Potential kingmaker Francois Bayrou basked in the spotlight Wednesday as France waited to hear whether he would back one of the two remaining presidential candidates in a tense race.
Bayrou, a farmer's son and lawmaker who scored a strong third place in Sunday's first round of voting, was to speak out Wednesday afternoon on the battle between conservative front-runner Nicolas Sarkozy and Socialist Segolene Royal.
They face a runoff on May 6, when voters must choose between their starkly different plans for reviving the economy and France's global profile after 12 lackluster years under Jacques Chirac.
Bayrou has sought to put a new face on French politics by tapping voter frustration with the traditional left and right. His centrist UDF party has traditionally voted with conservatives in parliament, but Bayrou courted leftists during the campaign and polls show his 7 million voters divided between both camps.
After a four-hour meeting with UDF lawmakers Tuesday, few expected Bayrou to endorse Sarkozy or Royal outright on Wednesday. Colleagues predicted he would announce a new social democrat political party, modeled after efforts by Italian Prime Minister Romano Prodi, with an eye to parliamentary elections in June.
Bayrou faced a tricky exercise in keeping his diverse electorate behind him, however, as some UDF lawmakers deserted him Tuesday to back Sarkozy. Bayrou's political future is at stake.
Education Minister Gilles de Robien, a UDF member who backs Sarkozy, was quoted in Le Parisien on Wednesday as saying Bayrou is at an "impasse" and has "lost his bet."
If Sarkozy continues to bleed him of lawmakers, Bayrou could find himself empty-handed or shut out of parliament, with hopes of a new political landscape dashed.
Still, Bayrou, long scoffed by the country's decision-makers, was the center of attention this week as both Sarkozy and Royal courted him and his voters.
Royal, in particular, needs Bayrou's backers. She got 25.9 percent of the vote Sunday while Sarkozy took nearly 31.2 percent.
She brusquely dismissed calls for an alliance with Bayrou before Sunday's first round of voting, but said Tuesday night that she could appoint UDF politicians to ministerial posts if she wins the presidency. Some centrists suggested her overtures were too little, too late.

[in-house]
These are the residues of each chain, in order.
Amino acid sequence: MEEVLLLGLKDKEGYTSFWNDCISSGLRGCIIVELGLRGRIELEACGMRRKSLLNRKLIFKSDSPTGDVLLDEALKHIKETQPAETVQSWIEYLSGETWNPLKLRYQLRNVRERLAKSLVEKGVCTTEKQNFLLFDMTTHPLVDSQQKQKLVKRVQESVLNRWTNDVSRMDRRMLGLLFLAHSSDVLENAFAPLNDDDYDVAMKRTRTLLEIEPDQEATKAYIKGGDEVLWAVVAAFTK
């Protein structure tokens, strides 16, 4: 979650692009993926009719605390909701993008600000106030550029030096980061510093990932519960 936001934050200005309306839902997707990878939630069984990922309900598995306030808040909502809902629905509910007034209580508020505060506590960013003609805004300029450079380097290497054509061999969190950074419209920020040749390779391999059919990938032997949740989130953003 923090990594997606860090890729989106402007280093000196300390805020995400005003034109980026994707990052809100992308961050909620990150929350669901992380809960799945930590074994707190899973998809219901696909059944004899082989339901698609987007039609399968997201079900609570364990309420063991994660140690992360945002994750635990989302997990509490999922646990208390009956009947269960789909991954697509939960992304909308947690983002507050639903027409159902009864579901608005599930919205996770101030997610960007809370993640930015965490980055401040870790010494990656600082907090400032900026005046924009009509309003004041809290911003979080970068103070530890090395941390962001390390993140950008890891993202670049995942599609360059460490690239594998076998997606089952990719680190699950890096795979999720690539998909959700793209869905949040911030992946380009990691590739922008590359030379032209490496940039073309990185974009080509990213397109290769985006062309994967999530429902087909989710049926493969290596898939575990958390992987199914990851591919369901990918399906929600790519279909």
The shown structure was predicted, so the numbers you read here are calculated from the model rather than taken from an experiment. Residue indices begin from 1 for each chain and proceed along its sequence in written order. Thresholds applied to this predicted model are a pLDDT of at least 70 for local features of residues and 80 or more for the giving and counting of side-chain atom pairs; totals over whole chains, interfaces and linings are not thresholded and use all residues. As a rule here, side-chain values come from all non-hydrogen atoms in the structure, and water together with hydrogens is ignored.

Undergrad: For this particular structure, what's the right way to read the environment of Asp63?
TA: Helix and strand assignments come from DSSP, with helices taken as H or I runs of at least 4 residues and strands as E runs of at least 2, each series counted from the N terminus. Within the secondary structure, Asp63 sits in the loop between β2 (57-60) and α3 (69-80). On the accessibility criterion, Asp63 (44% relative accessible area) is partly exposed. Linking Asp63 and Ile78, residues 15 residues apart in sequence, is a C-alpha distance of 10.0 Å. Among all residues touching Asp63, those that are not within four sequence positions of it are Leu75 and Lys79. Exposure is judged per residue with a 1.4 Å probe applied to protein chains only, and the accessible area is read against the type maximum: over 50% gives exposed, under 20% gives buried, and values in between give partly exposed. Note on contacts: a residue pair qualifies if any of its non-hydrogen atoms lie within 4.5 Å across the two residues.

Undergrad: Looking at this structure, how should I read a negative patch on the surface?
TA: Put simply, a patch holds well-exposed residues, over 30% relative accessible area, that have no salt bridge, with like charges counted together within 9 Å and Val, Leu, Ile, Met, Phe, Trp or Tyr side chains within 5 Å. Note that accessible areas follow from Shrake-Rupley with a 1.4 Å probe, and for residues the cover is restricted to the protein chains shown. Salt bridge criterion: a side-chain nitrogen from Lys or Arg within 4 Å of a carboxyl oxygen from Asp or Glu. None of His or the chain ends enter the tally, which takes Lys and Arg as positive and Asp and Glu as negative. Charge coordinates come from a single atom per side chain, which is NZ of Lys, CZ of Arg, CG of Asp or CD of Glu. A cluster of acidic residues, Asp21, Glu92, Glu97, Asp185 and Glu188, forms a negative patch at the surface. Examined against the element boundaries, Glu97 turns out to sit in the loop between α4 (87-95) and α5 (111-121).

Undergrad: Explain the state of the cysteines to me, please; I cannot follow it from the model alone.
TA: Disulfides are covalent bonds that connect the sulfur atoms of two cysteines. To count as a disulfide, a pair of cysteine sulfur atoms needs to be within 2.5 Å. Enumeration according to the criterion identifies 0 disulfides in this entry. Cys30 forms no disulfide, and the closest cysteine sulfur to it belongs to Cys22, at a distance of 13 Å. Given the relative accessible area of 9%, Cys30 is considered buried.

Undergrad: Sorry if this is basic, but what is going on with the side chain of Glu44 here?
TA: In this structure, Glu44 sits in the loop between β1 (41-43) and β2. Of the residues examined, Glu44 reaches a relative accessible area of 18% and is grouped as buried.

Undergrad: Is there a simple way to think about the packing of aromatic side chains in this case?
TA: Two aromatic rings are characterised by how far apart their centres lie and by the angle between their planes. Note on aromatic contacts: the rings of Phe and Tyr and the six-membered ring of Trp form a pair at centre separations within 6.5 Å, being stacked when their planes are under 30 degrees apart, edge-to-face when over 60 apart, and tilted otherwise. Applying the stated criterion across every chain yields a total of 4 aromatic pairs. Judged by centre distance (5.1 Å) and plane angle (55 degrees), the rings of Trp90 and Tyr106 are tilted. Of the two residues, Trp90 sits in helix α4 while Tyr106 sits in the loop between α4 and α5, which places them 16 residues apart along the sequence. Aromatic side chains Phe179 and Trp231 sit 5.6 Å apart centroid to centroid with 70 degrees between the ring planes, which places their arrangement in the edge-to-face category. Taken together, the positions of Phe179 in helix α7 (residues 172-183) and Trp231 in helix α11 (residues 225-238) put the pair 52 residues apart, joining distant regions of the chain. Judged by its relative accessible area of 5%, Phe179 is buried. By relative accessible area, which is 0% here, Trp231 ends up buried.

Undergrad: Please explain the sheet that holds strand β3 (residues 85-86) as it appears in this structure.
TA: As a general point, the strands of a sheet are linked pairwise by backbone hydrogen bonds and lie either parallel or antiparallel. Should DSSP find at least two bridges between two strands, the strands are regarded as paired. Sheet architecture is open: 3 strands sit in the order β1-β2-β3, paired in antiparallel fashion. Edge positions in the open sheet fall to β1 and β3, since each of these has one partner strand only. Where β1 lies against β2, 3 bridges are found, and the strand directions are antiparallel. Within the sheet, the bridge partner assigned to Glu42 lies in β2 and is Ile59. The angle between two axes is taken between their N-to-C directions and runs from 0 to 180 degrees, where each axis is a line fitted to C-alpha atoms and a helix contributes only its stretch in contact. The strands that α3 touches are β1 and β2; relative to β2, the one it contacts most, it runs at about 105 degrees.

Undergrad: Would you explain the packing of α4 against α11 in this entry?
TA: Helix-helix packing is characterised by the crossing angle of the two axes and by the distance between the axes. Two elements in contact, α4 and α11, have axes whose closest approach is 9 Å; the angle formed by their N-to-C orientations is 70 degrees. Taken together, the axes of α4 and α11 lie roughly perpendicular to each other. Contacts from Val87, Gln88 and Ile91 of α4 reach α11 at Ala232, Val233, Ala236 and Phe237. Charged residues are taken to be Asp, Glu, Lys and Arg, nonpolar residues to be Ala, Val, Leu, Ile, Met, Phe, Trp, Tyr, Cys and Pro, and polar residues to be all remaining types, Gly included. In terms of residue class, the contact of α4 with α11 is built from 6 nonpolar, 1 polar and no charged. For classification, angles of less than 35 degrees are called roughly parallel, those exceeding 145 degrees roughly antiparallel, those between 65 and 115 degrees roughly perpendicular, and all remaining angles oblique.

Prominent Socialist Dominique Strauss-Kahn said Wednesday that if Bayrou fails to endorse a candidate, that will be a tacit nod to the right.
"If nothing happens ... then we remain in the old tradition, that is to say that in the end, despite all the declarations, the center will be nothing more than an appendage of the right," he said on Europe-1 radio.
Strauss-Kahn called for a new political alignment and said the French left was stuck in the 20th century.
One Socialist senator, Jean-Luc Melenchon, warned Wednesday against any alliance with Bayrou.
"Francois Bayrou is the right. There is no presidential majority possible with Bayrou. But we hope that his voters help us to build one," Melenchon said in an interview with Le Figaro.
Some analysts speculated that Bayrou could strike a deal with Sarkozy's UMP party that would guarantee spots for the centrists in the government and boost their chances in parliament. Otherwise, Sarkozy's UMP party could seek revenge during legislative elections by putting UMP candidates in every constituency with a centrist candidate.
"If he returns to the right, it's a failure, and will be viewed as an attempt to protect the interests of the UDF," Vincent Tiberj, political analyst with the Institute of Political Science. "If he supports no one, it's irresponsible."
Two polls published Wednesday had Sarkozy in the lead, though by small margins. TNS-Sofres had Sarkozy at 51 percent and Royal at 49 percent after questioning 1,000 people Monday and Tuesday. Ipsos had Sarkozy with 53.5 percent and Royal with 46.5 percent, after surveying 1,208 people Monday and Tuesday. No margin of error was given.
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